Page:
Science cooks up low carbon recipes

The building blocks for a new breed of sustainable products are brewing in fermentation tanks.

Science cooks up low carbon recipes

The emerging field of precision fermentation is forging building blocks for a new breed of sustainable products.

Animal-free meat and milk, biodegradable plastic alternatives and even carbon capture solutions: our sustainable future is being cooked up in large fermentation tanks.

Scientists in regional Australia are using ‘precision fermentation’ to create a new breed of raw ingredients that will form the building blocks of sustainable, climate-friendly products.

Precision fermentation provides more precise conditions for genetically engineered yeasts and other micro-organisms to produce ingredients like fat and protein.

The budding process also holds the key to planet-friendly alternatives, but until now has been expensive to operate and mostly small-scale.

An Australian startup called Cauldron hopes to change that with the construction of a network of ‘fermaculture’ facilities and expertise with a view to helping businesses rapidly develop, prove and commercially scale new products and ingredients.

The company recently raised A$10.5 million from Main Sequence and Horizons Ventures to fund its vision.

Cauldron was founded last year and is led by precision fermentation scientist Michele Stansfield, previously of family-owned fermentation company, Agritechnology, which has now been acquired by Cauldron.

“Humanity has spent thousands of years getting fermentation to work. With Cauldron’s revolutionary fermaculture platform, we are supercharging that process and unlocking the next evolution of how we produce food, feed and fibre globally,” Stansfield says.

“Our technology, 35 years of expertise, combined with Australia’s unique infrastructure and abundance of natural resources, will help ensure companies in this space can get new products and ingredients to market quickly, at lower cost and risk.”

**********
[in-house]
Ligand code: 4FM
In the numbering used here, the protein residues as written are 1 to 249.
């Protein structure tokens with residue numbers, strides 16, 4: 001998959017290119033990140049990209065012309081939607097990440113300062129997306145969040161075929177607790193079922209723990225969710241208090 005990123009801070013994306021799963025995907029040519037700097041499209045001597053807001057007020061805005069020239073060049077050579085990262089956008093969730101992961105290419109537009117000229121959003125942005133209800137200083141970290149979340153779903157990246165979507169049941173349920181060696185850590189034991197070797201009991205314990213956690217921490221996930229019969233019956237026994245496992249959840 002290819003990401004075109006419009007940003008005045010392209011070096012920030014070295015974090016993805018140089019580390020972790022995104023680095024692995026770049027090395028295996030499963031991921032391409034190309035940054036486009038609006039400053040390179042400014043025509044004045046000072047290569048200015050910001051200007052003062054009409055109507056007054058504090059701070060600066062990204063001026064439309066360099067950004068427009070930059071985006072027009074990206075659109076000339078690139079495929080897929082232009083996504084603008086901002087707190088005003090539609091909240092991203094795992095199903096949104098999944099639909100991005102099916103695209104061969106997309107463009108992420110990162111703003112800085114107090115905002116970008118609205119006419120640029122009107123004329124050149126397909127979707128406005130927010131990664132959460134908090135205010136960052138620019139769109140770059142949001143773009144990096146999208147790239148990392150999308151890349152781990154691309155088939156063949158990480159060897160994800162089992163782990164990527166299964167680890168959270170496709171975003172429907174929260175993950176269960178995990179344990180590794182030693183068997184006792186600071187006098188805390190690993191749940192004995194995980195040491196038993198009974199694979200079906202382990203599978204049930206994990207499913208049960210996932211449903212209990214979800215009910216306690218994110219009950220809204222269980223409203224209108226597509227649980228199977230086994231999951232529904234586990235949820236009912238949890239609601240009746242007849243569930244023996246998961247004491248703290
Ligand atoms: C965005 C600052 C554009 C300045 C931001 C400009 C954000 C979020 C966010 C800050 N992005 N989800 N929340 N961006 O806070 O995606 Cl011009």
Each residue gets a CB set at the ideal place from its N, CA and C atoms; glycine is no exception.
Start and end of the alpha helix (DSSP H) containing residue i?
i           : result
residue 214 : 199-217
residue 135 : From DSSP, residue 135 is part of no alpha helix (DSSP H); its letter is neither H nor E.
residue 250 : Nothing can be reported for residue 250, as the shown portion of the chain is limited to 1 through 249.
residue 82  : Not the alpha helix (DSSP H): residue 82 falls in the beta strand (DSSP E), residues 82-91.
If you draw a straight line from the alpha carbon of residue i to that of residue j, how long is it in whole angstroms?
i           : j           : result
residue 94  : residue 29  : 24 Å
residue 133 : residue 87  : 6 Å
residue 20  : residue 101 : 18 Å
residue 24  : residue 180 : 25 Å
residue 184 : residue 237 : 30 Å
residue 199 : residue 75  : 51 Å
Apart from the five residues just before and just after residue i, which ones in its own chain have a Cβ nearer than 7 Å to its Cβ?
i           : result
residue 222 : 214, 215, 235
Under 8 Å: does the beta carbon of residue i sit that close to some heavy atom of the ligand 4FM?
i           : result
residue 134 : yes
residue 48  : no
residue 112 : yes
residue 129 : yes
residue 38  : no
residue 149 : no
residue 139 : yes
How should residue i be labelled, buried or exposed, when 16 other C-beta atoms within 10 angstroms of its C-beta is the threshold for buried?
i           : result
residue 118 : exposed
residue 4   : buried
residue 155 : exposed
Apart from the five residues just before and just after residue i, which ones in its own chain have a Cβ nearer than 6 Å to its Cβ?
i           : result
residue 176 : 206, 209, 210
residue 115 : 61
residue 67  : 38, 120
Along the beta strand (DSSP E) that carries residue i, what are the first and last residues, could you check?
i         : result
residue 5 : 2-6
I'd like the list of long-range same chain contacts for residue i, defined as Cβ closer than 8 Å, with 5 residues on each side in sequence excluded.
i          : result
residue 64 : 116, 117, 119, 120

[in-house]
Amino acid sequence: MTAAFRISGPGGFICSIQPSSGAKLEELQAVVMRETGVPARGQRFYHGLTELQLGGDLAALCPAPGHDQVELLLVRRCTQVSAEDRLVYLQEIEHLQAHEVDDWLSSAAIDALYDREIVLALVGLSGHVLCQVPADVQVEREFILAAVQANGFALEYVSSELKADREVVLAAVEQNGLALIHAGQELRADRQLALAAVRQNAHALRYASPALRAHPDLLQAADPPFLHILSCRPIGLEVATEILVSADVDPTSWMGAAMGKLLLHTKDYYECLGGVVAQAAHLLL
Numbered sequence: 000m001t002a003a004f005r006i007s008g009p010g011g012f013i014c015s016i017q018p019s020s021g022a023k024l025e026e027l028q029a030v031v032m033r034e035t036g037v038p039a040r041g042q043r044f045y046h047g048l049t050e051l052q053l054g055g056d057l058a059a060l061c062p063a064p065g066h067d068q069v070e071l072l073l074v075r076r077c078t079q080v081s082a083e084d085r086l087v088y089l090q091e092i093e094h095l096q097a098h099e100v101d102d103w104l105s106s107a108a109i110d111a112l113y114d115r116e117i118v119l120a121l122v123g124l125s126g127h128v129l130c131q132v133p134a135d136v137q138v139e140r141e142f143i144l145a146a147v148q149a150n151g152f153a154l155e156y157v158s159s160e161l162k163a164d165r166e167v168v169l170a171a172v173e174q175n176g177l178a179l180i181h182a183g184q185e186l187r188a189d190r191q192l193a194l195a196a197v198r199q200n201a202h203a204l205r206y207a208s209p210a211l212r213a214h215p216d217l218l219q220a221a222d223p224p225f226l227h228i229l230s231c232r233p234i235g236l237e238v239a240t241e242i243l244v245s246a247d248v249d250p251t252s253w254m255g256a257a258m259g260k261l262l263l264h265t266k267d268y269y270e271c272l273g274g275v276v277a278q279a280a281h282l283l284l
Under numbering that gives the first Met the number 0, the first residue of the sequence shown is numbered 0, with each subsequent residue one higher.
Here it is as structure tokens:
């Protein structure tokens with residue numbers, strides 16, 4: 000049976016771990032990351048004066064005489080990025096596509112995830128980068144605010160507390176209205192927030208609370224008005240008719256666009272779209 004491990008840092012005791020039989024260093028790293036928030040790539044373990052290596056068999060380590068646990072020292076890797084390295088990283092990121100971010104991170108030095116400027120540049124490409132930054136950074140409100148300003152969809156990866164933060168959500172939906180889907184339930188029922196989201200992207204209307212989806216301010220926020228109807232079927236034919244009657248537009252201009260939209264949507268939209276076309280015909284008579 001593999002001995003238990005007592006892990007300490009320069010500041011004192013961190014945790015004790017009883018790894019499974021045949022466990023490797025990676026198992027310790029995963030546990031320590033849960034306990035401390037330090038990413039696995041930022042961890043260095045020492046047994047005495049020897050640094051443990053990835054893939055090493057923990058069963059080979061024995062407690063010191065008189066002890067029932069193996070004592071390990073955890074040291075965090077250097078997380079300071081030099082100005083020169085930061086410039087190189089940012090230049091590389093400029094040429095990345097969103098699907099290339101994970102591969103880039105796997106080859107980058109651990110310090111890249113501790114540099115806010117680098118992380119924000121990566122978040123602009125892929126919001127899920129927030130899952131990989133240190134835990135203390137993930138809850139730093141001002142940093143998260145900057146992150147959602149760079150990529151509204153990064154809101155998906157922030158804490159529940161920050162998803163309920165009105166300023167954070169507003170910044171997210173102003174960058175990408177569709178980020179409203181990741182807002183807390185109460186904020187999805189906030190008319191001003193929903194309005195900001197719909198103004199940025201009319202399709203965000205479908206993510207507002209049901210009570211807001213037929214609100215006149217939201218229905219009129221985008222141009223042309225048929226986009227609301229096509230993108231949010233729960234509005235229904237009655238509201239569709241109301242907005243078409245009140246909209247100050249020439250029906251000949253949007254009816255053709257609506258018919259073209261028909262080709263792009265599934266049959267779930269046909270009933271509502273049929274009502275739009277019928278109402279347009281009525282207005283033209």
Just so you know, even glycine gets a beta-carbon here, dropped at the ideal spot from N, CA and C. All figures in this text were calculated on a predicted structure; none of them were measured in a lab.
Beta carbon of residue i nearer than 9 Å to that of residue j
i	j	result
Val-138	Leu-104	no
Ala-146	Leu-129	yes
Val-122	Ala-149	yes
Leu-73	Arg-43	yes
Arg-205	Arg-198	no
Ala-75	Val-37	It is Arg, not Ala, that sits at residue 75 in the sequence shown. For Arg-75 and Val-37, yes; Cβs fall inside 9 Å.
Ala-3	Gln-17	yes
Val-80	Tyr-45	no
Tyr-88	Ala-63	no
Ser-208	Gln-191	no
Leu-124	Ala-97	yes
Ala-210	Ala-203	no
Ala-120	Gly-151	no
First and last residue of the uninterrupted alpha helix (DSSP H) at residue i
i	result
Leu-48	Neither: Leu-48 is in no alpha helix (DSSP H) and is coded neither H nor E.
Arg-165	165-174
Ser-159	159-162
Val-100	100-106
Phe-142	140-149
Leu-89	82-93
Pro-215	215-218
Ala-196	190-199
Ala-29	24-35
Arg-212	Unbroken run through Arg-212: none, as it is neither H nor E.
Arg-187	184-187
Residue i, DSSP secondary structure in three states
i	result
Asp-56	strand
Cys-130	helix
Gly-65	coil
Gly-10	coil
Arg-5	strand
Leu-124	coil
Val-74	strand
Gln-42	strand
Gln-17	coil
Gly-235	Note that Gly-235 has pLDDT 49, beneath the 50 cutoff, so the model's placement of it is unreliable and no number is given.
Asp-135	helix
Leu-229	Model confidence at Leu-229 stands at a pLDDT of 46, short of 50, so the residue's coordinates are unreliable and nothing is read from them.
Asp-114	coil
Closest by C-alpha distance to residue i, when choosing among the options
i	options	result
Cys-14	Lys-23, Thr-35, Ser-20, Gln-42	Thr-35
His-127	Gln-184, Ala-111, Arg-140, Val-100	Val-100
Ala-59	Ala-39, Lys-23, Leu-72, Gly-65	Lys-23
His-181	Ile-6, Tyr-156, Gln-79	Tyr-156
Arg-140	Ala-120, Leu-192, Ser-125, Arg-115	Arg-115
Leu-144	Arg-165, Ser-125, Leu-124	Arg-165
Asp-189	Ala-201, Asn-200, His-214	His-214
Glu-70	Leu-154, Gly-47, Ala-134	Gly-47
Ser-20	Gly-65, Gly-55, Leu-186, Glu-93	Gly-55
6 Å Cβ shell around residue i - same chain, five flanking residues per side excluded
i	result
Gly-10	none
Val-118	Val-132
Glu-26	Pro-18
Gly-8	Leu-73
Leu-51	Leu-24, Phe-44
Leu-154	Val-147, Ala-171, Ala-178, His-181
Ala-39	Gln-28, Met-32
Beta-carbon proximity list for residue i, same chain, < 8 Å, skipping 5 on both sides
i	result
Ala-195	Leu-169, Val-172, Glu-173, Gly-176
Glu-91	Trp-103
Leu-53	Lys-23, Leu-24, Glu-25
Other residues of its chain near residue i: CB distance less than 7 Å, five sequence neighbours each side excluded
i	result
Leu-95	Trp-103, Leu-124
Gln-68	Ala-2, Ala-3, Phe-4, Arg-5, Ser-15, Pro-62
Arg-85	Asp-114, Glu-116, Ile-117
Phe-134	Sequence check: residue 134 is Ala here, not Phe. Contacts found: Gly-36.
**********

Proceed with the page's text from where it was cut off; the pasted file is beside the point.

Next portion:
"We are supercharging that process and unlocking the next evolution of how we produce food, feed and fibre globally."

Michele Stansfield
Michele Stansfield, CEO Cauldron

Cauldron’s customers so far include livestock feed companies, food and dairy companies and start-ups.

These include:
ULUU, a Perth-based company using precision fermentation to create a plastic alternative made from seaweed

Eden Brew, a CSIRO-backed startup that is using precision fermented proteins to create dairy-free milk which has the same taste and nutritional benefits as traditional milk

Loam Bio, an Australian biotech company that is developing microbial technology with the help of Cauldron to help capture carbon and store it long-term in agricultural soil

All G Foods which is producing animal-dairy and other proteins for use and application in consumer products

Nourish Ingredients, a company that is creating sustainable, animal-free fats for alternative protein food brands.

Precision fermentation is part of an emerging field called synthetic biology, a type of science that involves redesigning organisms for useful purposes by engineering them to have new abilities.

“Synthetic biology-enabled solutions have applications in sectors like health, agriculture, biosecurity and the environment and could help us solve some of Australia’s greatest challenges,” says Australia’s national science agency, CSIRO.

According to the agency, these solutions have the potential to be “globally transformative” and to create a $700 billion global opportunity by 2040.

Until now, precision fermentation has been mostly used in pharmaceuticals to create products like insulin but is increasingly being used to develop new ingredients such as proteins, fats and fibres.

The tech

Precision fermentation technology uses genetically engineered yeasts, algae or bacteria to custom-make a wide range of new ingredients such as proteins, fats and fibres. These can then be used to create animal-free milk, plant-based meats or plastic alternatives. This typically requires the use of genetically engineered microorganisms which are then cultivated in brewery-style fermentation tanks. These microorganisms are programmed through a range of in-vitro nucleic acid techniques to ingest one material and excrete another.

Who funds it

Cauldron has raised A$10.5 million from venture capitalists Main Sequence and Horizons Ventures.

Is it ready to roll

Cauldron plans to build a network of precision fermentation plants in regional NSW, Australia.